Davis Polk, one of the country’s most prestigious law firms, recently withdrew job offers to three students who the firm said led organizations at Harvard and Columbia that issued statements blaming Israel for the October 7 Hamas attack that killed more than 1,400 Israelis.
On Tuesday, the company said it was reconsidering that decision in the case of two of the three students who objected to the dismissal and said they did not authorize the letters, which had no individual signatories. The potential reversal highlights the complexity for both employers and employees in dealing with what has quickly become one of the most emotionally divisive issues in recent decades.
A New York law firm said two of the students had leadership roles in groups that signed the Colombia letter and one was affiliated with Harvard Palestine Solidarity Groups, which jointly wrote a letter holding the Israeli regime responsible for deadly violence.
The company did not provide student details or the two offers it is reconsidering.
Davis Polk said in a statement that the views expressed in some of the statements signed by law school student organizations in recent days are directly inconsistent with our firm’s value system. The company added that to ensure we continue to maintain a supportive and inclusive work environment, the student leaders responsible for signing these declarations are no longer welcome at our company.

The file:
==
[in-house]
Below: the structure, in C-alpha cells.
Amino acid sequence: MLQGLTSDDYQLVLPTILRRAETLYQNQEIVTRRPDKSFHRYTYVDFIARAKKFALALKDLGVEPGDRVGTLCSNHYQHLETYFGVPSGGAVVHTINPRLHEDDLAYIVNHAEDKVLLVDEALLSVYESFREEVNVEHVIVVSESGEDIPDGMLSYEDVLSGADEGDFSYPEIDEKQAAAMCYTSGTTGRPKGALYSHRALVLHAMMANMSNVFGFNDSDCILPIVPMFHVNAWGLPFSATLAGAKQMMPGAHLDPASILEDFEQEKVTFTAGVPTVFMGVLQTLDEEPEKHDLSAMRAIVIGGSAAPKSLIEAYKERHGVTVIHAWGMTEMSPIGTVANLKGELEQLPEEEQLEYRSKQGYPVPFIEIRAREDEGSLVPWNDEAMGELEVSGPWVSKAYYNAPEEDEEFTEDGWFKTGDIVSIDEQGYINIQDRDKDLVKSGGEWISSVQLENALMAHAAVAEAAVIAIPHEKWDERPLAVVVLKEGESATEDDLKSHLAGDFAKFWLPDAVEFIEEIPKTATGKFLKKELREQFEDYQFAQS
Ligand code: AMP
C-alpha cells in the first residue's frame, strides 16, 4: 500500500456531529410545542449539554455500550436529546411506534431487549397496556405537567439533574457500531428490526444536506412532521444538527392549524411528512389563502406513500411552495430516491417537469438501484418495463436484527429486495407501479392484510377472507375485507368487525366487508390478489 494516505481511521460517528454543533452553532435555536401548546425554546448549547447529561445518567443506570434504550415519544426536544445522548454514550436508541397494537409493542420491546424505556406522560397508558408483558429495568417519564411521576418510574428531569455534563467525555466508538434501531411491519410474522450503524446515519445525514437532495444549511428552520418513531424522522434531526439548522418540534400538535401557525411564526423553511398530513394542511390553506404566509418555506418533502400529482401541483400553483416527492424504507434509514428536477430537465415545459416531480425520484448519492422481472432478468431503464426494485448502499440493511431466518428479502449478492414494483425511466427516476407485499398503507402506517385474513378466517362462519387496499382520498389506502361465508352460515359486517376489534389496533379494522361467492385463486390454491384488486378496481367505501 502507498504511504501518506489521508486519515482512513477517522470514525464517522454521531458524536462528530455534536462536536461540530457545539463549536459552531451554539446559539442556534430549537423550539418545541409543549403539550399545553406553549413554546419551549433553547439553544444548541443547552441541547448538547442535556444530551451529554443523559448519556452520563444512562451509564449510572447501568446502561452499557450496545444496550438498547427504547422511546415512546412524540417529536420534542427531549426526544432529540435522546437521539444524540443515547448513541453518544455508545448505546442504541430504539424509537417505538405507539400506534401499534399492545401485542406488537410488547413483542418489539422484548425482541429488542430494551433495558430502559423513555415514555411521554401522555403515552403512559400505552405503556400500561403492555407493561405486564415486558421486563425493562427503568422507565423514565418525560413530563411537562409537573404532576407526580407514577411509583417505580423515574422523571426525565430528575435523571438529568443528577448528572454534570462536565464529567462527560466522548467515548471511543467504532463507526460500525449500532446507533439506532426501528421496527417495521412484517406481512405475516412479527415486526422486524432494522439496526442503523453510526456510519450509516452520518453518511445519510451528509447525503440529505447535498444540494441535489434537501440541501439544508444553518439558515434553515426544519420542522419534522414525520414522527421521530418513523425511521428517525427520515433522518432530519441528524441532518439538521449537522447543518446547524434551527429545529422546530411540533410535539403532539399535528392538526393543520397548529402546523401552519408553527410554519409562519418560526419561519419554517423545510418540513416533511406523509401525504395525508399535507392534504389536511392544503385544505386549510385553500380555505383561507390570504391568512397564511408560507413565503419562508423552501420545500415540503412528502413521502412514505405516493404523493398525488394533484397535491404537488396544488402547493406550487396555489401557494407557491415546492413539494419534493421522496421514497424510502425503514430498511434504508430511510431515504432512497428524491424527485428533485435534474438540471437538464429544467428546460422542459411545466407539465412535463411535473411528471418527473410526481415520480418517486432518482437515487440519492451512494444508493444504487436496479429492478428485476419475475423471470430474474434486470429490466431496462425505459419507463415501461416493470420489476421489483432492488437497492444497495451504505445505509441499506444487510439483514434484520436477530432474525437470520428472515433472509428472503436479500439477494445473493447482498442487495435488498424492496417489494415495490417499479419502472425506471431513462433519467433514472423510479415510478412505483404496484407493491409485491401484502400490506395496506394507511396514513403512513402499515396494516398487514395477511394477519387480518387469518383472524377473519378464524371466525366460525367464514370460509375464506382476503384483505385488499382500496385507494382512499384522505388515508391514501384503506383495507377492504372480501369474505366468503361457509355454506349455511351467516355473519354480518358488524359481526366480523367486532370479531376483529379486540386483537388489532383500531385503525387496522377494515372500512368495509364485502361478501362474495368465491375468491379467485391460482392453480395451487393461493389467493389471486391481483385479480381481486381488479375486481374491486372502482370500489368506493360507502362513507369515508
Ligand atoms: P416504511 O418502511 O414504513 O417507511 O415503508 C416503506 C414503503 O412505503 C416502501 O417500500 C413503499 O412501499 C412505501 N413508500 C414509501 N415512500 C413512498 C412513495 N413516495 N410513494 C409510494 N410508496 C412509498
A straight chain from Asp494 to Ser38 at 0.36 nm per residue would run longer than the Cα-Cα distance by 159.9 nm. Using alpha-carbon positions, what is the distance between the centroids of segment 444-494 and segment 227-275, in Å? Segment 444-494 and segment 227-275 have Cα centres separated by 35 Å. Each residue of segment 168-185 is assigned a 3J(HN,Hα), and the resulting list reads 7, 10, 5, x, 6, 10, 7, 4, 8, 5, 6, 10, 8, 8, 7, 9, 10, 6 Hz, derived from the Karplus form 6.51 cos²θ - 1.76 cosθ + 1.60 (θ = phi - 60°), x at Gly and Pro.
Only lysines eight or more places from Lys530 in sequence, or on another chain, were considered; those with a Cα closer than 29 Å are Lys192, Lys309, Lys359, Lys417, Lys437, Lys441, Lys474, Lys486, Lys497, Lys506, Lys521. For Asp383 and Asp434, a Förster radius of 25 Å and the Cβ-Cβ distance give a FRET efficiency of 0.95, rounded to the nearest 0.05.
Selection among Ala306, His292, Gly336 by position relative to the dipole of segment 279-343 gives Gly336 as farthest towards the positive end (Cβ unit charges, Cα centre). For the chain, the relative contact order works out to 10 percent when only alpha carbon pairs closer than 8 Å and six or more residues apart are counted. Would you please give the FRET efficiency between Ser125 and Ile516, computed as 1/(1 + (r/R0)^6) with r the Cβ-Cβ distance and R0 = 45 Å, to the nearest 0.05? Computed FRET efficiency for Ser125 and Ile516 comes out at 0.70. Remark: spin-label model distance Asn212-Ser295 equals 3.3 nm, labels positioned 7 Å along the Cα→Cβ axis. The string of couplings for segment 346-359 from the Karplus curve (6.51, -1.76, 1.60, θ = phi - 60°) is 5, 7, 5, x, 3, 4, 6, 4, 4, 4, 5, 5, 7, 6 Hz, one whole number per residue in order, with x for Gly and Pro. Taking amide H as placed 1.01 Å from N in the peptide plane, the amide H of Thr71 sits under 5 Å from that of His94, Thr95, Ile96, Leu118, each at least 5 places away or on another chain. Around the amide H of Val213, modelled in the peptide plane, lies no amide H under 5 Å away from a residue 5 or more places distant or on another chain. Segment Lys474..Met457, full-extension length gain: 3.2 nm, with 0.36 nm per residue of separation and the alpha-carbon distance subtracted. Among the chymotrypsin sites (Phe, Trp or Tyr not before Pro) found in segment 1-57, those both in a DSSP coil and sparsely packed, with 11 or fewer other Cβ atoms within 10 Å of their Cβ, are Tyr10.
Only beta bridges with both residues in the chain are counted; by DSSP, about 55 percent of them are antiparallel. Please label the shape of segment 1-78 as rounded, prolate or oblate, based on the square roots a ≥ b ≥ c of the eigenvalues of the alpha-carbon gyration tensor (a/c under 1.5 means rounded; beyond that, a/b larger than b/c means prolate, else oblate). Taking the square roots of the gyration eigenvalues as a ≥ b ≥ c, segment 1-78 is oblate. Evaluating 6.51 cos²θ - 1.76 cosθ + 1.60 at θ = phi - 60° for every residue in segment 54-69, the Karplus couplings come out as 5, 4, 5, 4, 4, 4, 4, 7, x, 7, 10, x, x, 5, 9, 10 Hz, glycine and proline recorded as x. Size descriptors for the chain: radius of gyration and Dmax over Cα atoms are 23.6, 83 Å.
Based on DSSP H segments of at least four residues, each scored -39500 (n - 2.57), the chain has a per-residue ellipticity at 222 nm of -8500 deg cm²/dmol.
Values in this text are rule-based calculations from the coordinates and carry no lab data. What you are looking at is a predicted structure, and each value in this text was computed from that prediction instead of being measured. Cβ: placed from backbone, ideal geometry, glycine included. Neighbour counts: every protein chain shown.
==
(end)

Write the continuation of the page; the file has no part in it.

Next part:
Davis Polk’s president and managing partner, Neil Barr, said in an interview Tuesday that the company does not want employees who support the atrocities of the Hamas attack working for it.
Last week, a large number of law students who were promised employment by Davis Polk at Columbia, Harvard and other schools contacted us to say that they disagreed with statements issued by organizations of which they were a part that blamed Israel for the events of October 7. homicides, said Davis Polk spokeswoman Katie Moss.
Many students also said they had resigned from these or similar groups after the Harvard and Columbia student groups published their statements, Moss added.
Davis Polk said it is working with students who opposed the layoffs, but has not yet made a decision on whether to reverse course.
The situation at Davis Polk highlights the challenges of bringing controversial and political issues into the workplace and raises a new question: Can an employer hold an employee or potential employee personally liable for any action taken by an individual’s affinity group? ?
Another law firm, Winston & Strawn, recently withdrew an offer of employment made to NYU law student Ryna Workman, president of the university’s Student Bar Association, who wrote a message to her student group stating that Israel bears full responsibility for this massive death .
In recent days, some big Wall Street investors, including hedge fund manager William Ackman, have called on corporations to refuse to hire students who are members of groups that have signed affidavits implicating Israeli policies as the cause of the attacks. Mr. Ackman took to X, formerly known as Twitter, to demand that Harvard release the names of members of these student organizations.
Davis Polk is known for his work representing the largest financial institutions and corporations in mergers, restructuring and litigation advisory. Ms Moss said the company made its own decision to withdraw the offers.
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